ENGINEERS WHO LIVED T WO AND a half millennia ago are remembered in a figure of speech we often use today—deus ex machina. The phrase (Latin for “god from a machine”) refers to a device used in classical Greek and Roman theaters to resolve situations or to move a plot along. A god or supernatural messenger descends to the stage to adjust human affairs.
Typically, we moderns feel cheated because we demand logic. But ancient
playwrights were not similarly constrained. And since the gods of the Greek and
Roman pantheon were not troubled by human restraints like the laws of physics,
they often made their appearance on stage by flying.
In ancient performances
deus ex machina involved a
real machina, specifically a
crane. Engineers assembled an elaborate assortment of hardware to lower
an actor to the stage.
The ancients were
limited to a few wooden
beams, ropes, and pulleys. Probably the most
challenging use of this
machinery occurs in the
finale of the tragedy Medea. If the play was produced as written, a chariot containing three passengers would disappear in the wake of a flying dragon. That would
be a big order even for today’s set designers.
The ancients’ willingness to invest in hardware to support elaborate theatrical
productions indicates how important
the theater was in community life. It
was more than entertainment. The
theater was a religious tradition.
Ancient theaters have been the
subject of a great deal of archaeological
study. This includes efforts to reconstruct the wooden deus ex machina
cranes. None of the machinery has
survived, so reconstruction is based on
evidence in the stones of the amphitheaters.
A January 2010 article, “
Deus-Ex-Machina Mechanism Reconstruction in
the Theater of Phlius, Corinthia,” in the
ASME Journal of Mechanical Design
describes the remains of a theater with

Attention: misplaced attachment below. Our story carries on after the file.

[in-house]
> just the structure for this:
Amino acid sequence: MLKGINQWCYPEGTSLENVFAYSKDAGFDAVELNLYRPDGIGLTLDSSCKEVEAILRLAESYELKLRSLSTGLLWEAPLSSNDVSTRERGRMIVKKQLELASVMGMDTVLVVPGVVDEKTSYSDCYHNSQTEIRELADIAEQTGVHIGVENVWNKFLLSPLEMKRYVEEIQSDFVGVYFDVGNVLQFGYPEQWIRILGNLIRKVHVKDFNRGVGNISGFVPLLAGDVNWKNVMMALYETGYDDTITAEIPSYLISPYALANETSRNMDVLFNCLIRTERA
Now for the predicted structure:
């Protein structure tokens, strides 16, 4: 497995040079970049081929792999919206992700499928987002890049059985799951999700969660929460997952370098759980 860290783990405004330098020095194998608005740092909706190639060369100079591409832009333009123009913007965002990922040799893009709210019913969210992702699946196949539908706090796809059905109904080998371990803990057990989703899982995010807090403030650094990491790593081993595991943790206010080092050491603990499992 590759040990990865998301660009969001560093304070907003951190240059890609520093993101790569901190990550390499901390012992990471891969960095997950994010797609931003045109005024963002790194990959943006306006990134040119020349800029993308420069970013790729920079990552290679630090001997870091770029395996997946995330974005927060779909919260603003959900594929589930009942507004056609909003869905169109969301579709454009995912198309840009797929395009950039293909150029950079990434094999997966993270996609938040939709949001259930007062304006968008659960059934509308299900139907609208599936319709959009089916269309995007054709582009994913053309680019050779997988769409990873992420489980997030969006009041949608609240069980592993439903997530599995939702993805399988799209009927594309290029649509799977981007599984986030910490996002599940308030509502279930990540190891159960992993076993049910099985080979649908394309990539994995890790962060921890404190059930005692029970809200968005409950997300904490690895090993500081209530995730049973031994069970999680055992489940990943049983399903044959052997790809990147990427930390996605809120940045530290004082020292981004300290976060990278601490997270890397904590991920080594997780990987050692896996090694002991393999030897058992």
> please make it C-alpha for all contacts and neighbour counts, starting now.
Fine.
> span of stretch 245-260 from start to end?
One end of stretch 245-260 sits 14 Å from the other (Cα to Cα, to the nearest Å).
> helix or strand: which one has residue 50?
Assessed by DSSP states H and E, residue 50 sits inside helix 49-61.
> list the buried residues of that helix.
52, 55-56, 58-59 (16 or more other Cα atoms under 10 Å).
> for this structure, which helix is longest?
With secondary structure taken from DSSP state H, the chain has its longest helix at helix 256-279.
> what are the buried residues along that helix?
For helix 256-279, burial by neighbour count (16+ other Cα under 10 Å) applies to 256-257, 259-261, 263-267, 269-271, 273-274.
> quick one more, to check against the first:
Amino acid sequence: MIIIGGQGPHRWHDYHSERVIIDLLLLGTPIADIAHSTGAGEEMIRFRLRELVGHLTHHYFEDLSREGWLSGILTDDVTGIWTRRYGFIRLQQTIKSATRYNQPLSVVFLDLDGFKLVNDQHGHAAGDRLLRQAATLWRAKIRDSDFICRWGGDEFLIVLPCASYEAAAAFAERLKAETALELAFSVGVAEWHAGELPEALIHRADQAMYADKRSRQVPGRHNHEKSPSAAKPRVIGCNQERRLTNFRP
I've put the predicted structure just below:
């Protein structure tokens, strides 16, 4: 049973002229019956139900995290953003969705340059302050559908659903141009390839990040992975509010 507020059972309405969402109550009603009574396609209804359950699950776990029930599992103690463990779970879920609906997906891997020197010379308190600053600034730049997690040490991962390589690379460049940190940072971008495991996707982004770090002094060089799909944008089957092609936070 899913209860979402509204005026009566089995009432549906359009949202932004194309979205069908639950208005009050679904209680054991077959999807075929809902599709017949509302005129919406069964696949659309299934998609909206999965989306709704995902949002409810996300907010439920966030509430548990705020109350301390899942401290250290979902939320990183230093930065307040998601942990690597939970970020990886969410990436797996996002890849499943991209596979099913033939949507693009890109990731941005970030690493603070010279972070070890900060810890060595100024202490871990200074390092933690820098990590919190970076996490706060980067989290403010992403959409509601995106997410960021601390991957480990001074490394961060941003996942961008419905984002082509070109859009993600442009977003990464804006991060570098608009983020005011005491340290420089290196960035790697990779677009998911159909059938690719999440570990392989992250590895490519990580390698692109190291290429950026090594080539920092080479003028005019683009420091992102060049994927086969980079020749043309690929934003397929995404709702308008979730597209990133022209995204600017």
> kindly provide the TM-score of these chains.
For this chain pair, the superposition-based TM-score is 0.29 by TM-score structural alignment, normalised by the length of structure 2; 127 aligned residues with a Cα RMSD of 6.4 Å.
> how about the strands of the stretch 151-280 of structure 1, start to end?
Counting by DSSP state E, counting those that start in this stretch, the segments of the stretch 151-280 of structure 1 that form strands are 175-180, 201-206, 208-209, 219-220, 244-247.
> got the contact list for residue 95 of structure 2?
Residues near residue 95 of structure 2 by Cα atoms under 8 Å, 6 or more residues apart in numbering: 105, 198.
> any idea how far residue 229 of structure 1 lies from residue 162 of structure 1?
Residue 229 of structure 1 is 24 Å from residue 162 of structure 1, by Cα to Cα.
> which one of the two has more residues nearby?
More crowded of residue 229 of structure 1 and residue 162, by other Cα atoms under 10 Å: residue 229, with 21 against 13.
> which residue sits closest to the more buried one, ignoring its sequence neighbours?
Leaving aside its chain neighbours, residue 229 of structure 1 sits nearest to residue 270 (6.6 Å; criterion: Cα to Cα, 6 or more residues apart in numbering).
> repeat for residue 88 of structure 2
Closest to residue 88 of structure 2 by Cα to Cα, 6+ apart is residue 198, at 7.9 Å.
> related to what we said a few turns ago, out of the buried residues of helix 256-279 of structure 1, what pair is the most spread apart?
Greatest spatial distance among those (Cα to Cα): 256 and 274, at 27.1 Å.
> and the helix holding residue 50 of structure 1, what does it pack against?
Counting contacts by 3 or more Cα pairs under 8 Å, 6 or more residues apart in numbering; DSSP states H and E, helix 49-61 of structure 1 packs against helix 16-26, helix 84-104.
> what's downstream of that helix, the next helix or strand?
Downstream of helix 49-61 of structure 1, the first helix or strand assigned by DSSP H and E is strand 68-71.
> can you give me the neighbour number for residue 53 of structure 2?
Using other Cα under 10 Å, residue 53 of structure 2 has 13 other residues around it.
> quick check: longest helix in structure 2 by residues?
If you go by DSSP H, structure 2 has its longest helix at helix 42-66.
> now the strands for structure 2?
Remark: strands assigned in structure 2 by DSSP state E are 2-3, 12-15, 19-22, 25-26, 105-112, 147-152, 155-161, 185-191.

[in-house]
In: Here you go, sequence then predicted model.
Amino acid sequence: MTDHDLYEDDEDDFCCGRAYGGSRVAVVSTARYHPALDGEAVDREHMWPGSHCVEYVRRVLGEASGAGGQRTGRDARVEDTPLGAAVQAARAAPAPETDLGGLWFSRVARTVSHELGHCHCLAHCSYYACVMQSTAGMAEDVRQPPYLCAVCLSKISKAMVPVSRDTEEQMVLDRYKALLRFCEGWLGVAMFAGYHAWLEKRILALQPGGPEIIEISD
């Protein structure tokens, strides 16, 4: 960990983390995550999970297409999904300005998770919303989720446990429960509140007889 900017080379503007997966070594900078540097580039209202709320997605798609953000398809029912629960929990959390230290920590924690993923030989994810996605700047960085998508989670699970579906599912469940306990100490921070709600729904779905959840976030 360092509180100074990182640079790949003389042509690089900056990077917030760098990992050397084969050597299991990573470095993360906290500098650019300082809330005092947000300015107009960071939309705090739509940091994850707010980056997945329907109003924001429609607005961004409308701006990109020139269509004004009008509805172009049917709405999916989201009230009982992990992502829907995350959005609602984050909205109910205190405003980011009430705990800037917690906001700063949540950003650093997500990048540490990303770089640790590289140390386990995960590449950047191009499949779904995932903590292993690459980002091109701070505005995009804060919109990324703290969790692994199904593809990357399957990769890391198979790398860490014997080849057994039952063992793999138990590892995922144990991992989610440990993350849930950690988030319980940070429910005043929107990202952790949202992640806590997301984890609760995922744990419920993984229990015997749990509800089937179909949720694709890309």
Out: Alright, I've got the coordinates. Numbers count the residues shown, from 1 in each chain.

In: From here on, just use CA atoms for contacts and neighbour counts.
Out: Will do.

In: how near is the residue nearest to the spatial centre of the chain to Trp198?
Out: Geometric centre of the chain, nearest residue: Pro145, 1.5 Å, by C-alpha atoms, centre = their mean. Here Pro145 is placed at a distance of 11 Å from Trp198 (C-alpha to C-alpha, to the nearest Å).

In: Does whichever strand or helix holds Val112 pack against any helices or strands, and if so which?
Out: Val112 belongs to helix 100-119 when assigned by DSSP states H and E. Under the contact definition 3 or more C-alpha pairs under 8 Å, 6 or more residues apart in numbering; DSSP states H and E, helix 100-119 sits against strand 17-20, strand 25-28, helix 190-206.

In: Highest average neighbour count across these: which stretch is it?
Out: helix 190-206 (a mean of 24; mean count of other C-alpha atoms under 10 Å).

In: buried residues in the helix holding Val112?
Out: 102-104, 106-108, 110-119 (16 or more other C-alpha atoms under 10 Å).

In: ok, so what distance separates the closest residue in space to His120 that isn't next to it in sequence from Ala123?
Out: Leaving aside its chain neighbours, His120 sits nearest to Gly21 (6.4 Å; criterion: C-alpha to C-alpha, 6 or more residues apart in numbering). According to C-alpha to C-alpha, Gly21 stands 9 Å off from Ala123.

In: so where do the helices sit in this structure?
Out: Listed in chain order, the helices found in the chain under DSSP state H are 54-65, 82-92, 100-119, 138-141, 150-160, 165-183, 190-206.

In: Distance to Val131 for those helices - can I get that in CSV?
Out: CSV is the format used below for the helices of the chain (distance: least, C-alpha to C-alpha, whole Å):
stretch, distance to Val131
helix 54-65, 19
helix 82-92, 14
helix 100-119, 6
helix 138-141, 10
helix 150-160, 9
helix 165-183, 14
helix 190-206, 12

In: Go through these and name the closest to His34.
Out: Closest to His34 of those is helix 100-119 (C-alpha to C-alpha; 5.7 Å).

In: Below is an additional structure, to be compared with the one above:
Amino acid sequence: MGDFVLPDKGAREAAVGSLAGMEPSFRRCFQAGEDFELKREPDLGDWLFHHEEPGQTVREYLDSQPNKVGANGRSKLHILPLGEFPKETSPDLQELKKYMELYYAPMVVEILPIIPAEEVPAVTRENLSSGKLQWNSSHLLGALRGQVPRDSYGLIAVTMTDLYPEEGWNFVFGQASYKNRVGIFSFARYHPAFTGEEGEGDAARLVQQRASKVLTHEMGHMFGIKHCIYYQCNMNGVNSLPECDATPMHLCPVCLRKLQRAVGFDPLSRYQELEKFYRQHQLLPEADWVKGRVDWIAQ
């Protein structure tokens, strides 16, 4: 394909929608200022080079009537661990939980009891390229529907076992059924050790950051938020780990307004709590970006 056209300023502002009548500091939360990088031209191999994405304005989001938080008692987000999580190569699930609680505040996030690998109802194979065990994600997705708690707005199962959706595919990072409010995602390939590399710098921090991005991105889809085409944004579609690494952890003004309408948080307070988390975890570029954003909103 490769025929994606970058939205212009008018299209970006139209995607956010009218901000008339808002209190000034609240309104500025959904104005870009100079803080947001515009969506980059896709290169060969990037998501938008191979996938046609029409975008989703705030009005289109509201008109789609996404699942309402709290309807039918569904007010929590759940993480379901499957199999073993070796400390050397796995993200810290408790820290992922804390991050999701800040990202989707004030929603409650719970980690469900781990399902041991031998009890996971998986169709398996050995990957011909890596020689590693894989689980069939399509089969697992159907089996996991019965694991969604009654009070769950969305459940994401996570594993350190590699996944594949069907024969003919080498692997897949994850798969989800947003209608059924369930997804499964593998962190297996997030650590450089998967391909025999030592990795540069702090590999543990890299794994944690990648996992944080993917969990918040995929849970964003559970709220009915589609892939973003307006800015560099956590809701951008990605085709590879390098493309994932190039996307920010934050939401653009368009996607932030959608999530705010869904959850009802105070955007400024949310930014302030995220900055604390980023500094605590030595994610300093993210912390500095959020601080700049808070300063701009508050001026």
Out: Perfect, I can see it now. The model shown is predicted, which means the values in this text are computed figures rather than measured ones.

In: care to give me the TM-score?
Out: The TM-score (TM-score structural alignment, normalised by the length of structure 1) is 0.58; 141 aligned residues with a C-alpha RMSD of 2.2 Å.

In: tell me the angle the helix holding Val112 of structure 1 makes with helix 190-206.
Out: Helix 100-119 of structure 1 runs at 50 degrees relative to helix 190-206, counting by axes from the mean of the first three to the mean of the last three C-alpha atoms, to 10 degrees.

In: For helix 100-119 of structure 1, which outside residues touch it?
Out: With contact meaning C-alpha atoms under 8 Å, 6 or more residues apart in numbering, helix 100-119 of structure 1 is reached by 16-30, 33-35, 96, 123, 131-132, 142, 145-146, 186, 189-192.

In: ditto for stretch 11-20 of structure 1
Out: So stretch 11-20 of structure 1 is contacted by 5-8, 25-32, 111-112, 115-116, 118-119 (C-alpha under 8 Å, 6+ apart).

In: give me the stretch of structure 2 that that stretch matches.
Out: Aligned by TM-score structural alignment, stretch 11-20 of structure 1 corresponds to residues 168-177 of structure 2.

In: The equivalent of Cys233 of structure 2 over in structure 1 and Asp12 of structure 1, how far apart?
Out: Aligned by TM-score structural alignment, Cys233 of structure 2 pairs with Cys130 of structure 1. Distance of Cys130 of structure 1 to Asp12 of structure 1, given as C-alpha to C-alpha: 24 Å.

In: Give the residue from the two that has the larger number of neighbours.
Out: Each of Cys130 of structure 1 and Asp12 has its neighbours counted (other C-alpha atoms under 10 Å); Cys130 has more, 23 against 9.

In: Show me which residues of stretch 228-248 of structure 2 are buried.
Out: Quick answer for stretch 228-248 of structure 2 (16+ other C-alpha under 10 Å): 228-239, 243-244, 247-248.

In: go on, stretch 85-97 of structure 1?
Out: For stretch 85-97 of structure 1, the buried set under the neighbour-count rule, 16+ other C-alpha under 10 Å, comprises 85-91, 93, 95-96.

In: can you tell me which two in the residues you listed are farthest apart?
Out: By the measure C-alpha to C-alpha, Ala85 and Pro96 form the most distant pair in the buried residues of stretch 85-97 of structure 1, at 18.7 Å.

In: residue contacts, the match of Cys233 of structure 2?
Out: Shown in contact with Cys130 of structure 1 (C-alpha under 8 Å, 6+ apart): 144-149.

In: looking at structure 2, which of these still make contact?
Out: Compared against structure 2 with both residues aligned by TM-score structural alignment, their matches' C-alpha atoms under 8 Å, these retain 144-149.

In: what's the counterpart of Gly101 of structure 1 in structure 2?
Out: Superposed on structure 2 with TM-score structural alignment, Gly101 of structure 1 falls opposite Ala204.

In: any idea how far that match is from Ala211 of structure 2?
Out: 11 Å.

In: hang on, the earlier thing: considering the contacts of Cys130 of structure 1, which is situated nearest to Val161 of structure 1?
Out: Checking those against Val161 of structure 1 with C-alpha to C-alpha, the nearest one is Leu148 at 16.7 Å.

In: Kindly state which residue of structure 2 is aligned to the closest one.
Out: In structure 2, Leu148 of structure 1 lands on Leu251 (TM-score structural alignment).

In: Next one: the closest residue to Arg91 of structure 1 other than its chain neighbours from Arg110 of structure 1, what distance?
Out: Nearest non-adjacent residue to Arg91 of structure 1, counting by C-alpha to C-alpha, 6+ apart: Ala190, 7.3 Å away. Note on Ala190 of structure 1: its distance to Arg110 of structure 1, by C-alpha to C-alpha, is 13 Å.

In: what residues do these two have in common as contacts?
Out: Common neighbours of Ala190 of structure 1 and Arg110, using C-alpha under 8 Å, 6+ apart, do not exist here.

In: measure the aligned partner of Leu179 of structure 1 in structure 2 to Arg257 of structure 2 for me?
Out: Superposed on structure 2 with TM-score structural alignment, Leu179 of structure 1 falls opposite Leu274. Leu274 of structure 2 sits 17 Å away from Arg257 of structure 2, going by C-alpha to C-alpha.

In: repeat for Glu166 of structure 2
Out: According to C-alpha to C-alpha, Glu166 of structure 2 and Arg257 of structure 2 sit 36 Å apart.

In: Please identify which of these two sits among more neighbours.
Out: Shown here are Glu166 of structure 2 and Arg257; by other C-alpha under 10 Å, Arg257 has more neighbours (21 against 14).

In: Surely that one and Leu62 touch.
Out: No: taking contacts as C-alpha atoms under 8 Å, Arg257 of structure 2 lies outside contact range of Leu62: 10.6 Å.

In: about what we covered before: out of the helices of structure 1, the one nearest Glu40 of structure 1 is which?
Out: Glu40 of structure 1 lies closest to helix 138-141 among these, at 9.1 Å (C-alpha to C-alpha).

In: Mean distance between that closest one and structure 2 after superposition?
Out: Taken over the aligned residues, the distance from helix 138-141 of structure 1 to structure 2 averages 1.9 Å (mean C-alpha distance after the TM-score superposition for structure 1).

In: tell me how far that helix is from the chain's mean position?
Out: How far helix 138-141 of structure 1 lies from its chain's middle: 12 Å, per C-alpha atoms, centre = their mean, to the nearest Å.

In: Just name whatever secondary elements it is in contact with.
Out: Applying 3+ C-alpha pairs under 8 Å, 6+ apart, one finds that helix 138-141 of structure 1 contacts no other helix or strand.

features that may have supported a
stage machine. The authors, Argyris Papadogiannis and Thomas G. Chondros
of the University of Patras in Greece
and Marilena C. Tsakoumaki of King’s
College London, used the evidence at
the theater and in literary references to
work out a very convincing reconstruction of the lifting apparatus.
The paper even contains a stress
and vibration analysis of the assumed
structure. Reading between the lines
tells a lot about the extent to which
various technologies had developed
in the Aegean as early as the fourth
Rope and pulley making, which
began long before in Egypt, had progressed to a point where line was obviously available in unlimited lengths and
was of a quality allowing it to be bent
around sheaves and winch drums. This
technology, combined with a pragmatic
knowledge of structures represented
the ultimate state of the art at the time.
The deus ex machina is an example
of technology serving culture. Just
as electronic recording serves music
today, structures and mechanics have
served the theater. The presence of
“deus ex machina” in today’s vocabulary
reminds us of the intimate connection
that has always existed between technology and art. ME
ROBERT O. WOODS, an ASME Fellow and member
of the History and Heritage Committee, is a frequent
contributor to Mechanical Engineering magazine.
used cranes, pulleys,
winches, and long
ropes to hoist actors
over the stage. Image
Papadogiannis, et al.
A scene from
painted on this
Museum of Art.